Cantwell-backed provision would give parity to women-owned small businesses in federal contracting
WASHINGTON, D.C. — Today, U.S. Senator Maria Cantwell, Chairwoman of the Senate Committee on Small Business and Entrepreneurship, cheered Senate passage of legislation she introduced to ensure women-owned small businesses have equal access to federal contracting.
The provision, which was included in the National Defense Authorization Act (NDAA) of 2015, passed the House of Representatives last week. It now heads to President Obama for his signature.
Section 825 of the NDAA authorizes federal agencies to award sole-source contracts to women-owned small businesses, which would put women-owned businesses on equal footing with other disadvantaged groups in the contracting process.
A similar provision authorizing sole-source contracting for women was introduced in the Women’s Small Business Ownership Act of 2014, which Cantwell sponsored in the Senate. It was cosponsored by Senators Ben Cardin (D-MD), Jeanne Shaheen (D-NH), Kirsten Gillibrand (D-NY), Tammy Baldwin (D-WI), and John Walsh (D-MT).
Separately, Shaheen, Cantwell and Gillibrand introduced stand-alone legislation on the sole-source contracting provision.
“This legislation will help women entrepreneurs across the country break a glass ceiling,” Cantwell said in a speech this week on the Senate floor. “There are 8 million women-owned businesses in the United States. But they only get a tiny percent – 4 percent – of federal contracts. We want to make sure this is changed.”
“While women continue to make significant strides in our economy, they are still under-represented as small business owners and federal contractors,” Shaheen said. “This provision will help women-owned small businesses in New Hampshire and across the country win federal contracts, encouraging greater small business ownership by women and economic growth across the board.”
“I am pleased that the Defense Authorization bill includes provisions that will help ensure a level playing field for women-owned small businesses to compete for federal contacts,” said Senator Kay Hagan (D-NC), a member of the Senate Committee on Small Business and Entrepreneurship. “Removing these unnecessary hurdles will open up new markets and enable female entrepreneurs to grow their businesses and create new jobs.”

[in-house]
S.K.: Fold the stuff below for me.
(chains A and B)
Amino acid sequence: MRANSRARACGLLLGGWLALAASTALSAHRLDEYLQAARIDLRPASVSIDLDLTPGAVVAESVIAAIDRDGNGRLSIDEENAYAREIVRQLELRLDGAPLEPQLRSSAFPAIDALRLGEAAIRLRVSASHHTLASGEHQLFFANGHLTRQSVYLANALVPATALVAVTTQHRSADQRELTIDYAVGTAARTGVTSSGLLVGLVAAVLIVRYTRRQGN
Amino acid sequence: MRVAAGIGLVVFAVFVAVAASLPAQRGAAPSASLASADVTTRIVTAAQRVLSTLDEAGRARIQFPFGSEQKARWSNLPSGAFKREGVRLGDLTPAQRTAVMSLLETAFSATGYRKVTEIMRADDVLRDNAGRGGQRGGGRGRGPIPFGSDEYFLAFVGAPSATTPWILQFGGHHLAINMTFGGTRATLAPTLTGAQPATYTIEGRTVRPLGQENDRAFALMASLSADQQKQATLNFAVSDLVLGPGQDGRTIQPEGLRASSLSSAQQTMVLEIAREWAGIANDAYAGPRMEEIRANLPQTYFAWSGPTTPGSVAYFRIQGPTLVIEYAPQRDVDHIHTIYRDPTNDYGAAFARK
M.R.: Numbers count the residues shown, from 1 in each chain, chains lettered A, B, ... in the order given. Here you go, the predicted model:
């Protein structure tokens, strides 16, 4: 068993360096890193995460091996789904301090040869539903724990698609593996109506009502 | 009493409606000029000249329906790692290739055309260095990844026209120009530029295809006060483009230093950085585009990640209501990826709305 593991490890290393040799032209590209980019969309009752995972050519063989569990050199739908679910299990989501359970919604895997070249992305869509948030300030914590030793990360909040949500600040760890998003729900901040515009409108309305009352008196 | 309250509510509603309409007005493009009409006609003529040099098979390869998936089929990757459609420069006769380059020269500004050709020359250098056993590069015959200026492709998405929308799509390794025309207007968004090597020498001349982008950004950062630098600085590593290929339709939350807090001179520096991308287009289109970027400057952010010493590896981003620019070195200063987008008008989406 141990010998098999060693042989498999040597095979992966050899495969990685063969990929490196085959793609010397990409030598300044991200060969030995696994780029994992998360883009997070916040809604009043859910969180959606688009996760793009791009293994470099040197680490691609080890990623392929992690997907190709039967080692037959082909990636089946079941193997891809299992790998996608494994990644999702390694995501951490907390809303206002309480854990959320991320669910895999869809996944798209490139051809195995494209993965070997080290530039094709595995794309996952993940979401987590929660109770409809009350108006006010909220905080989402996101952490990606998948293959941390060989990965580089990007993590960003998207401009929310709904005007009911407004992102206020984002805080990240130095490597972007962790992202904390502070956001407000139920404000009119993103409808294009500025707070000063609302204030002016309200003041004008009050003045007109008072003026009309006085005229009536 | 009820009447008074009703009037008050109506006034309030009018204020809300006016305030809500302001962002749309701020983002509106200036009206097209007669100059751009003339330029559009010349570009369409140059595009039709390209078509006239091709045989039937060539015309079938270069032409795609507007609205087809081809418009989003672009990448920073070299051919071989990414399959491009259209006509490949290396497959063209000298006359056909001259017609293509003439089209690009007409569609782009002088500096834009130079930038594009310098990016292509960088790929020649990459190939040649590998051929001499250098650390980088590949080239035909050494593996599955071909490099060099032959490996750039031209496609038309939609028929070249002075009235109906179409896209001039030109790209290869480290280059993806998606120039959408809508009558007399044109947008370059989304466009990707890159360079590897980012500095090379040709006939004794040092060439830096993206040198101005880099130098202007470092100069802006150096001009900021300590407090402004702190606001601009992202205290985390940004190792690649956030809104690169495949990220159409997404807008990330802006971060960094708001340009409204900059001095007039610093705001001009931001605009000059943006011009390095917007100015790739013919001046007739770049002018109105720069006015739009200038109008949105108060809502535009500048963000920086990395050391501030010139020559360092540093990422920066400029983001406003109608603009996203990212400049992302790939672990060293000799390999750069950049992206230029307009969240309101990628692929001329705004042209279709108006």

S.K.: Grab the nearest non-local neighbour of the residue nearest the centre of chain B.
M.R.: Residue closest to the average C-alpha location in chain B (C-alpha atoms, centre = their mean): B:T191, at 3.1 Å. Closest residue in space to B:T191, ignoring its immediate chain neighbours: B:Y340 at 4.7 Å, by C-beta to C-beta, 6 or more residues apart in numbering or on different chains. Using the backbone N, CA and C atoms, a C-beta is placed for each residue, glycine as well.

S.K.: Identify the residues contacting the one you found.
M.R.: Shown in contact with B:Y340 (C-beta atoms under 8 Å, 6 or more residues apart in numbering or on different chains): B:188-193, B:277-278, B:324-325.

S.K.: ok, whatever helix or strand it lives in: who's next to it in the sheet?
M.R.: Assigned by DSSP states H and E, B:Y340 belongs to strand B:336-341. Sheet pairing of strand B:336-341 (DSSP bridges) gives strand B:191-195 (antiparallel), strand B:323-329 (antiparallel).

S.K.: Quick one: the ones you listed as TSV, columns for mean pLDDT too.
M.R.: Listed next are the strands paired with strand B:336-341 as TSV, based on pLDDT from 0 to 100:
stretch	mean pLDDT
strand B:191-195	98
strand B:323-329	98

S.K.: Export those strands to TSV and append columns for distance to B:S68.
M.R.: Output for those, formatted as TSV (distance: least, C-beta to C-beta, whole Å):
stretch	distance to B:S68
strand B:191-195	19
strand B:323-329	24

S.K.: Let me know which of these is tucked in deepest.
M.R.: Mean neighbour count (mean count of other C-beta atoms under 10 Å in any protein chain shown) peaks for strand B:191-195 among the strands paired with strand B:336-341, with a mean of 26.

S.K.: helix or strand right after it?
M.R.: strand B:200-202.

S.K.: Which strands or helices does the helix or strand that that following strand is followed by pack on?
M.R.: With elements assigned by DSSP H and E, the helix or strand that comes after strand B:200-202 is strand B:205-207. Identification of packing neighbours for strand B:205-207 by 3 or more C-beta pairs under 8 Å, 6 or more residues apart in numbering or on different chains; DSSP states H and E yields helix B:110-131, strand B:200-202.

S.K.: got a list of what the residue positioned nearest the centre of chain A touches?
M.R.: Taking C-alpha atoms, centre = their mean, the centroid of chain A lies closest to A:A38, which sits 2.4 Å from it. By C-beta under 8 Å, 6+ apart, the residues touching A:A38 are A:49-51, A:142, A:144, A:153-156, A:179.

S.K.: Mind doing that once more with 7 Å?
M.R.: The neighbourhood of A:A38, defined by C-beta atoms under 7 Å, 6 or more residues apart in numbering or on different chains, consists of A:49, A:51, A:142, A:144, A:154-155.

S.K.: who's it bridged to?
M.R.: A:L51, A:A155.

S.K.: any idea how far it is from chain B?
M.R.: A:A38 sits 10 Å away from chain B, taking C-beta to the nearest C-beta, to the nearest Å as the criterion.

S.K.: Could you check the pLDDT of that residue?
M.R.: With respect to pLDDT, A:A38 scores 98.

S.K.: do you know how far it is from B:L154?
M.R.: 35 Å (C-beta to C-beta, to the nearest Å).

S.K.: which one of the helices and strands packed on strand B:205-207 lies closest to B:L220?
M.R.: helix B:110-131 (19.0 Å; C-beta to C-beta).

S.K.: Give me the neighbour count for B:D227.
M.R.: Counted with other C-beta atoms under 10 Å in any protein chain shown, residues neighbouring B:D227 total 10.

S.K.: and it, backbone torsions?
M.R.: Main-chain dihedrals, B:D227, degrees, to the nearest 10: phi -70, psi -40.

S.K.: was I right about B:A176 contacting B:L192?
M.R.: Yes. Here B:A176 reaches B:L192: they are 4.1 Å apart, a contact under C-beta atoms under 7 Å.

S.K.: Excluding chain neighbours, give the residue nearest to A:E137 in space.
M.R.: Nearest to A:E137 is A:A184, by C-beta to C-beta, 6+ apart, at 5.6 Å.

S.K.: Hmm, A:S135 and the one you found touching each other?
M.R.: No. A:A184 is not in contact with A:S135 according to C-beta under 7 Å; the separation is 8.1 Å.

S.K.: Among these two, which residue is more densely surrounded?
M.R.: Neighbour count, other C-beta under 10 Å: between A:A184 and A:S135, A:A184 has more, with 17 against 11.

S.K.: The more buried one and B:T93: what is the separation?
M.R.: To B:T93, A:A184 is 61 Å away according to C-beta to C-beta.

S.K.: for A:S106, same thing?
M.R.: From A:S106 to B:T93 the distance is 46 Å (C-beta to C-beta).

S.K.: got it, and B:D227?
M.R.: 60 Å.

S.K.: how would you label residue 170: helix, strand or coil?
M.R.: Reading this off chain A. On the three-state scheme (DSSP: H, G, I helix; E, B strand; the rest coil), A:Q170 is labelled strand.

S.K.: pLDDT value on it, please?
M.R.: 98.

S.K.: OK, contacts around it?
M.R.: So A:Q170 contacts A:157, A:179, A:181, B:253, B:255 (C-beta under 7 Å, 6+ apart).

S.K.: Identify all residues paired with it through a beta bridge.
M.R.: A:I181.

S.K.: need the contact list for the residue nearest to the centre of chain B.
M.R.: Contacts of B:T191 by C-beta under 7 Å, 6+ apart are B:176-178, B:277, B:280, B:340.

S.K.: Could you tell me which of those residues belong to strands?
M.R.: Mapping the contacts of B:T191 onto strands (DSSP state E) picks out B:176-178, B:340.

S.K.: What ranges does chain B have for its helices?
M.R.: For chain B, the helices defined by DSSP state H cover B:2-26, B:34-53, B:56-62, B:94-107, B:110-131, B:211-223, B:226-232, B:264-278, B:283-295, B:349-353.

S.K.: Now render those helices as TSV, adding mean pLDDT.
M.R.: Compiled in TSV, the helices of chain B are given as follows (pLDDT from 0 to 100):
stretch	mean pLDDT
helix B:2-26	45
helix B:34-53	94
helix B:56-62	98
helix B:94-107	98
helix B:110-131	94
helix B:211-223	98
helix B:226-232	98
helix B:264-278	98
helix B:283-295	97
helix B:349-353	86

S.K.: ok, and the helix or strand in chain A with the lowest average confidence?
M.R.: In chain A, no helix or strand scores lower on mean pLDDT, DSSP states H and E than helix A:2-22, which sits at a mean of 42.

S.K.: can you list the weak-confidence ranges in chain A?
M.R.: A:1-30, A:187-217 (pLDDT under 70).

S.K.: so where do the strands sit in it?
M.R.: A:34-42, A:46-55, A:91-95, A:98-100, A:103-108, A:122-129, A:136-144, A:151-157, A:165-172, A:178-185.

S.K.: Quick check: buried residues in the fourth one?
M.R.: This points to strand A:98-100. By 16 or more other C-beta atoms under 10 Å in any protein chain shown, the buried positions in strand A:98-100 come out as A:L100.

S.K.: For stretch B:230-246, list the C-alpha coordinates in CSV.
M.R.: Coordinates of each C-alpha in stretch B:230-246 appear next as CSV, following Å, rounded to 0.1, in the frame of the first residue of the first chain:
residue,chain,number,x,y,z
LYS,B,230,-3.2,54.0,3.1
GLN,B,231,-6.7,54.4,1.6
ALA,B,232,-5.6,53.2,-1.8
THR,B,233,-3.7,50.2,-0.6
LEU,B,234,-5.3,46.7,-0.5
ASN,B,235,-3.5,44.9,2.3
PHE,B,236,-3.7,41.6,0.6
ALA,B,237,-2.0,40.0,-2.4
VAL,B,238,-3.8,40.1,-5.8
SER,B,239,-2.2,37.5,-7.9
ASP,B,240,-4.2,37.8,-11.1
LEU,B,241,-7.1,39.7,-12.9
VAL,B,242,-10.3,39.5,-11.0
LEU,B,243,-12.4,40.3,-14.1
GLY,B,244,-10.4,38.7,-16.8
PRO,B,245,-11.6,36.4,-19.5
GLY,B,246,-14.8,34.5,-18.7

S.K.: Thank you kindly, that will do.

In July, the Senate Small Business Committee issued a report showing that women are not getting equal access to federal contracts. The federal government has set a goal of awarding 5 percent of contracts to women-owned small businesses, but that goal has never been reached. As a result, women business owners miss out on an average of $4 billion in federal contracting opportunities each year, according to the report.
Women are losing $4 billion a year in federal contracts because the government has never met its goal of contracting with women,” said Marsha Firestone, President of Women Presidents’ Organization. “Empowering the WOSB procurement program with sole-source authority is a big step toward making this program reach its potential.”
“Access to federal markets remains a challenge for the black community, especially for our women entrepreneurs,” said Ron Busby, President of the U.S. Black Chambers, Inc. “We celebrate the inclusion of sole-source authority for the WOSB procurement program in the NDAA.”
In Washington state, falling short of the 5 percent goal means women business owners miss out on an average of $188 million in contracting opportunities each year, according to a separate committee report.
“The sole source victory is thrilling,” said Trena Payton, President of ABN Technologies in Lacey, Washington. “As the head of a women-owned business, I can tell you that access to the federal marketplace is a huge issue. This change will help millions of women break through barriers of accessing federal contracts.”
The NDAA legislation adopts recommendations from the Senate Committee on Small Business and Entrepreneurship report to provide parity for women in federal contracting.
Sole-source contracting already is available to small businesses owned by minorities and veterans, as well as businesses located in underserved areas. Authorizing sole-source awards for women would give parity to the Women-Owned Small Business Federal Contracting program, creating more opportunities for them to grow their businesses and create jobs.
“The federal marketplace is an enormous opportunity,” said Lisa Firestone of Managed Care Advisors of Bethesda, Maryland. “With sole source finally being added to the WOSB program we are extremely confident in our ability to expand our business with the federal government and in turn, create jobs in Maryland and across the country.”
The legislation also would require the U.S. Small Business Administration to verify the ownership status of women-owned small businesses. Currently, businesses self-report whether they are owned by women when competing for federal contracts. This change will ensure that the women’s contracting program benefits those for whom it was intended.
Women entrepreneurs account for just $1 out of every $23 in small business lending, despite representing 30 percent of all small companies. They are also more likely to be turned down for loans or face less favorable terms than men, according to the committee’s July report, 21st Century Barriers to Women’s Entrepreneurship.